A look back in time

We’ve come a long way since we started. Here’s a look back at all our launches during the past two years, and a sneak peek at where we’re headed in the upcoming months

Feb 2, 2018 – 1st launch

We launched the first Qtum blockchain-enabled satellite payload to space on a CZ-2D rocket from Jiuquan Satellite Launch Center in the Gobi desert. It was equipped with a Raspberry Pi hardware board and blockchain software. It ran a full-node program on the Qtum blockchain and could process existing blockchain data. 

The node was offline and had limited functionality, but it was the first successful deployment of a Qtum blockchain node in low Earth orbit. 

Read more here or watch the launch here.

 

Oct 25, 2018 – 2nd launch

After working tirelessly for the next few months to improve our node, we launched the second Qtum-based blockchain node into space. It was carried into low Earth orbit on a CZ-4B Y34 rocket from Taiyuan Satellite Launch Centre in Xinzhou, China.

This new node featured more powerful hardware and software to support more applications and perform additional functions. The node was also embedded with our smart operating system, SpaceChain OS, and could communicate with a ground station. Plus, it could perform blockchain-related functions such as running smart contracts and multisig transactions.

SpaceChain hardware

SpaceChain had spent a great deal of time physically testing its components to qualify that the node was robust enough to endure the harsh environment of space. The node was vigorously tested for force, pressure, and temperature, among other things.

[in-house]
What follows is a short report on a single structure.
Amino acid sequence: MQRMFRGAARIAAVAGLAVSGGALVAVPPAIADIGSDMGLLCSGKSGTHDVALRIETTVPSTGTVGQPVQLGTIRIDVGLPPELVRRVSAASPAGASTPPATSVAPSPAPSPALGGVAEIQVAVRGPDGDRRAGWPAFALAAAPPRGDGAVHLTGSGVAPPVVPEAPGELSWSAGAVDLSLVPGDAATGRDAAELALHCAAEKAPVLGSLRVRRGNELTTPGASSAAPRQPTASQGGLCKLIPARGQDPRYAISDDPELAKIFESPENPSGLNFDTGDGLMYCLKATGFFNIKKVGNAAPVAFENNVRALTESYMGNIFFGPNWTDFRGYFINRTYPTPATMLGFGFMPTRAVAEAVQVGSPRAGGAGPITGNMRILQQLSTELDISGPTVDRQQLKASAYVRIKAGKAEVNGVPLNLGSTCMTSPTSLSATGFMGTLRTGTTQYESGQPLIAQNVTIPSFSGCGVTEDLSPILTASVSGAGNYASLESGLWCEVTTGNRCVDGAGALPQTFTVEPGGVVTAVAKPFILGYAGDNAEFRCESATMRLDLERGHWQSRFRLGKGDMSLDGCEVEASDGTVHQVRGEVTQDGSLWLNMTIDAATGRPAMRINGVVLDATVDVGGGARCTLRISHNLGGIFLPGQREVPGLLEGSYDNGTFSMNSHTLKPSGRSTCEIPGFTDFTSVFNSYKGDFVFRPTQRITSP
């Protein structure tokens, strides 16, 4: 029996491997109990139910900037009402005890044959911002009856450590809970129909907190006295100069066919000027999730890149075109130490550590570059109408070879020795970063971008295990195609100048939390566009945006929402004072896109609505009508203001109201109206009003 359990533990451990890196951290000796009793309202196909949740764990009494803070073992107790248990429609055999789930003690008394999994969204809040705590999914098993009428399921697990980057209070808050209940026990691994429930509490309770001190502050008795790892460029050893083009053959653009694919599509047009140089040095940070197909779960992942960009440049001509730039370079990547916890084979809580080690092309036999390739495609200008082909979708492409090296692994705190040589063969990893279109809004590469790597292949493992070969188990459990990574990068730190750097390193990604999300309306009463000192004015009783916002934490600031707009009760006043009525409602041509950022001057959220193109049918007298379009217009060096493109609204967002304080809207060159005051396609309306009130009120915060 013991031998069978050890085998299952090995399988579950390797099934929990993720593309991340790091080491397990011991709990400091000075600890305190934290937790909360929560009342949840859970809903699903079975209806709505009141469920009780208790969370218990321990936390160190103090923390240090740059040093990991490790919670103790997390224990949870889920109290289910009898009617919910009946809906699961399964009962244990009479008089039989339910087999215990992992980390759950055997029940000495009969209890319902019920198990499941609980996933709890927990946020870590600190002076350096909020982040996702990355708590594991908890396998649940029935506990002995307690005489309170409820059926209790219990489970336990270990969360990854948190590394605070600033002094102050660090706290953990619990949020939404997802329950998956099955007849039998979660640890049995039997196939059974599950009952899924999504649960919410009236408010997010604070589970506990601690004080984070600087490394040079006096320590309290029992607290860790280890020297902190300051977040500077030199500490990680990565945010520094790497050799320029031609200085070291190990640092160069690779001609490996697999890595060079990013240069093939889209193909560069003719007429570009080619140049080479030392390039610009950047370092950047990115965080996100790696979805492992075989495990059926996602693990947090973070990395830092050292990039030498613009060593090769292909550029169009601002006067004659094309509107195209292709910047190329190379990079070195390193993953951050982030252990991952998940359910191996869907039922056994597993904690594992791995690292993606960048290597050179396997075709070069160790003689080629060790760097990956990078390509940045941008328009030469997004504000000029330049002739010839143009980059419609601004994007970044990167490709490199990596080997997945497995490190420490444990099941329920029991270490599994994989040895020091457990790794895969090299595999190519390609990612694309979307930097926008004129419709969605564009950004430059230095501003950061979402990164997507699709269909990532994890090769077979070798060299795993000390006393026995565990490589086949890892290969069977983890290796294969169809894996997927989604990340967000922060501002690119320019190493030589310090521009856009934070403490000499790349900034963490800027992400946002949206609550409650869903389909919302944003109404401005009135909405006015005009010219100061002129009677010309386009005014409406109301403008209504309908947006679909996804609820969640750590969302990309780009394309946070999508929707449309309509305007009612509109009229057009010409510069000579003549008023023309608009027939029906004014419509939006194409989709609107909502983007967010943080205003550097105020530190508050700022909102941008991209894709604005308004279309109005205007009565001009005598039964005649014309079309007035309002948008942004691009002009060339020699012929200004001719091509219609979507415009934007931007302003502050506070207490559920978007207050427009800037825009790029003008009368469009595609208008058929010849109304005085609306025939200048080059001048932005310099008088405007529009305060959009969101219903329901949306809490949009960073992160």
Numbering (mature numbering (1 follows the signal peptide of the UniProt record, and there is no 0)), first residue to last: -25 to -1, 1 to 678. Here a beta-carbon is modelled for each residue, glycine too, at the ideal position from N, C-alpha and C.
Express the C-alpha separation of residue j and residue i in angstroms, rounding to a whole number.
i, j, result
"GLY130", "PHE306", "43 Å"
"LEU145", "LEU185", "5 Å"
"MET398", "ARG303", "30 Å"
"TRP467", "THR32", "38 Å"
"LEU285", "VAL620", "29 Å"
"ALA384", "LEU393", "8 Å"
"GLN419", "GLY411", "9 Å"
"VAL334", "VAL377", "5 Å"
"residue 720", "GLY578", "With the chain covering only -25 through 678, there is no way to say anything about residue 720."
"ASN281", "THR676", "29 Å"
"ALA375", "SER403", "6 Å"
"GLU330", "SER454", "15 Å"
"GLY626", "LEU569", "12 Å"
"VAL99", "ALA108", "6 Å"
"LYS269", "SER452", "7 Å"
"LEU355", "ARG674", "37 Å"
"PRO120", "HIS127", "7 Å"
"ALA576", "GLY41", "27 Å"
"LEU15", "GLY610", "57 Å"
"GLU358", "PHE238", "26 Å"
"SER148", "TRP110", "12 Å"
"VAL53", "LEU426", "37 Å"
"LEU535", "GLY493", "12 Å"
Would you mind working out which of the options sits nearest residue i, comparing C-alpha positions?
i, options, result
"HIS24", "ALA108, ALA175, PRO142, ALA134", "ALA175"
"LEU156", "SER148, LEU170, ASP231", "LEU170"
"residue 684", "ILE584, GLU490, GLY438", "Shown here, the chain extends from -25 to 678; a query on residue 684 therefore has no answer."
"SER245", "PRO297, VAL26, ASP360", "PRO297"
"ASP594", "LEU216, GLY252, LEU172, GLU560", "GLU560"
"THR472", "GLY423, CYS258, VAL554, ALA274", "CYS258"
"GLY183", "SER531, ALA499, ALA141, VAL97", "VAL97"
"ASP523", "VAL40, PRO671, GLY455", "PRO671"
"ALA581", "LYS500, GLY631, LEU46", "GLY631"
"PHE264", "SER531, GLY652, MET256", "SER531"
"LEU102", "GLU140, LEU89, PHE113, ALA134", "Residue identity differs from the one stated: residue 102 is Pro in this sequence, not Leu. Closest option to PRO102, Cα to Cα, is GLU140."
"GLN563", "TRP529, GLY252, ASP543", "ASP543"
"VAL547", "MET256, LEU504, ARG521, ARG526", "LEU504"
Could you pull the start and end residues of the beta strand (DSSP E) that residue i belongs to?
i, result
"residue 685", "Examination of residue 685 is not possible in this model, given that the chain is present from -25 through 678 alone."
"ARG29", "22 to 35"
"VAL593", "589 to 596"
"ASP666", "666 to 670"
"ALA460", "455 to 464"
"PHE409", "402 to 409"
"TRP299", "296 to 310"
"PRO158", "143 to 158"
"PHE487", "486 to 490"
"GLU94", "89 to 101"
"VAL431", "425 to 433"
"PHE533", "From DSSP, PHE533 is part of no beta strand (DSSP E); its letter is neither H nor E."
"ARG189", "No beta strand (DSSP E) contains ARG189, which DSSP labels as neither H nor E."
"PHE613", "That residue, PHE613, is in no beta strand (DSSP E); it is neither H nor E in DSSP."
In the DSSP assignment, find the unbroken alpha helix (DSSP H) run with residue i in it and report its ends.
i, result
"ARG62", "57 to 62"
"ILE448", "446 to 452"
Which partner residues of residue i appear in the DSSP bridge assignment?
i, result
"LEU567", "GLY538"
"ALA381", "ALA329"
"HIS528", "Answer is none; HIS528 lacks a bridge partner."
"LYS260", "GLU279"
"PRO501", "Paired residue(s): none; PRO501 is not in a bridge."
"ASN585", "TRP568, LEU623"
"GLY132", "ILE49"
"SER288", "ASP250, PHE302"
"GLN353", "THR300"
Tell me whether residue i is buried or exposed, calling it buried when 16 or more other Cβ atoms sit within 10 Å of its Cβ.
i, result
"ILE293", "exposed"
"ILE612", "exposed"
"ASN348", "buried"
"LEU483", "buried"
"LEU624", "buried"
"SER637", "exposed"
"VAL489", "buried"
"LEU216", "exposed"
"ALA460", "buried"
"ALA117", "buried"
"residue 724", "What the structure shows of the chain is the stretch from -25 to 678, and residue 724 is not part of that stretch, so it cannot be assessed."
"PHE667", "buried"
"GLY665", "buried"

The second node is still operational and you can track it here

Do you want to know more about how our payloads are rigorously flight-tested? Here’s a blog article dated October 2018. This was our first Qtum transaction from space, and it made the news. Read more here

 

December 2019 – 3rd launch

It’s been more than a year but worth the wait as we prepare for the next launch of our payload – this time to the International Space Station (ISS). 

This latest space node is equipped with an upgraded hardware board that can perform Bitcoin secure payment services such as multisig transactions. Compared to the space nodes from the first two launches, this node features a hardware board with an advanced modular design and is equipped with the open-source embedded Linux OS.

We’ll be sending this space node aboard the SpaceX Falcon 9 to be installed on the ISS, enabling us to perform Bitcoin multisig authentication from space. 

 

What’s next? 

After the payload is installed aboard the ISS, we will get very busy testing the technology. 

We also are finalizing a few more launches over the next 18 months, so plenty of exciting times ahead for the SpaceChain community. 

Follow us on Twitter for updates and announcements on the upcoming December launch, and be sure to subscribe to our newsletter for the latest news about the project.

Finally, join our  Telegram channel to contribute to the conversation, ask us questions and discuss with other passionate people an array of topics about the New Space Economy.

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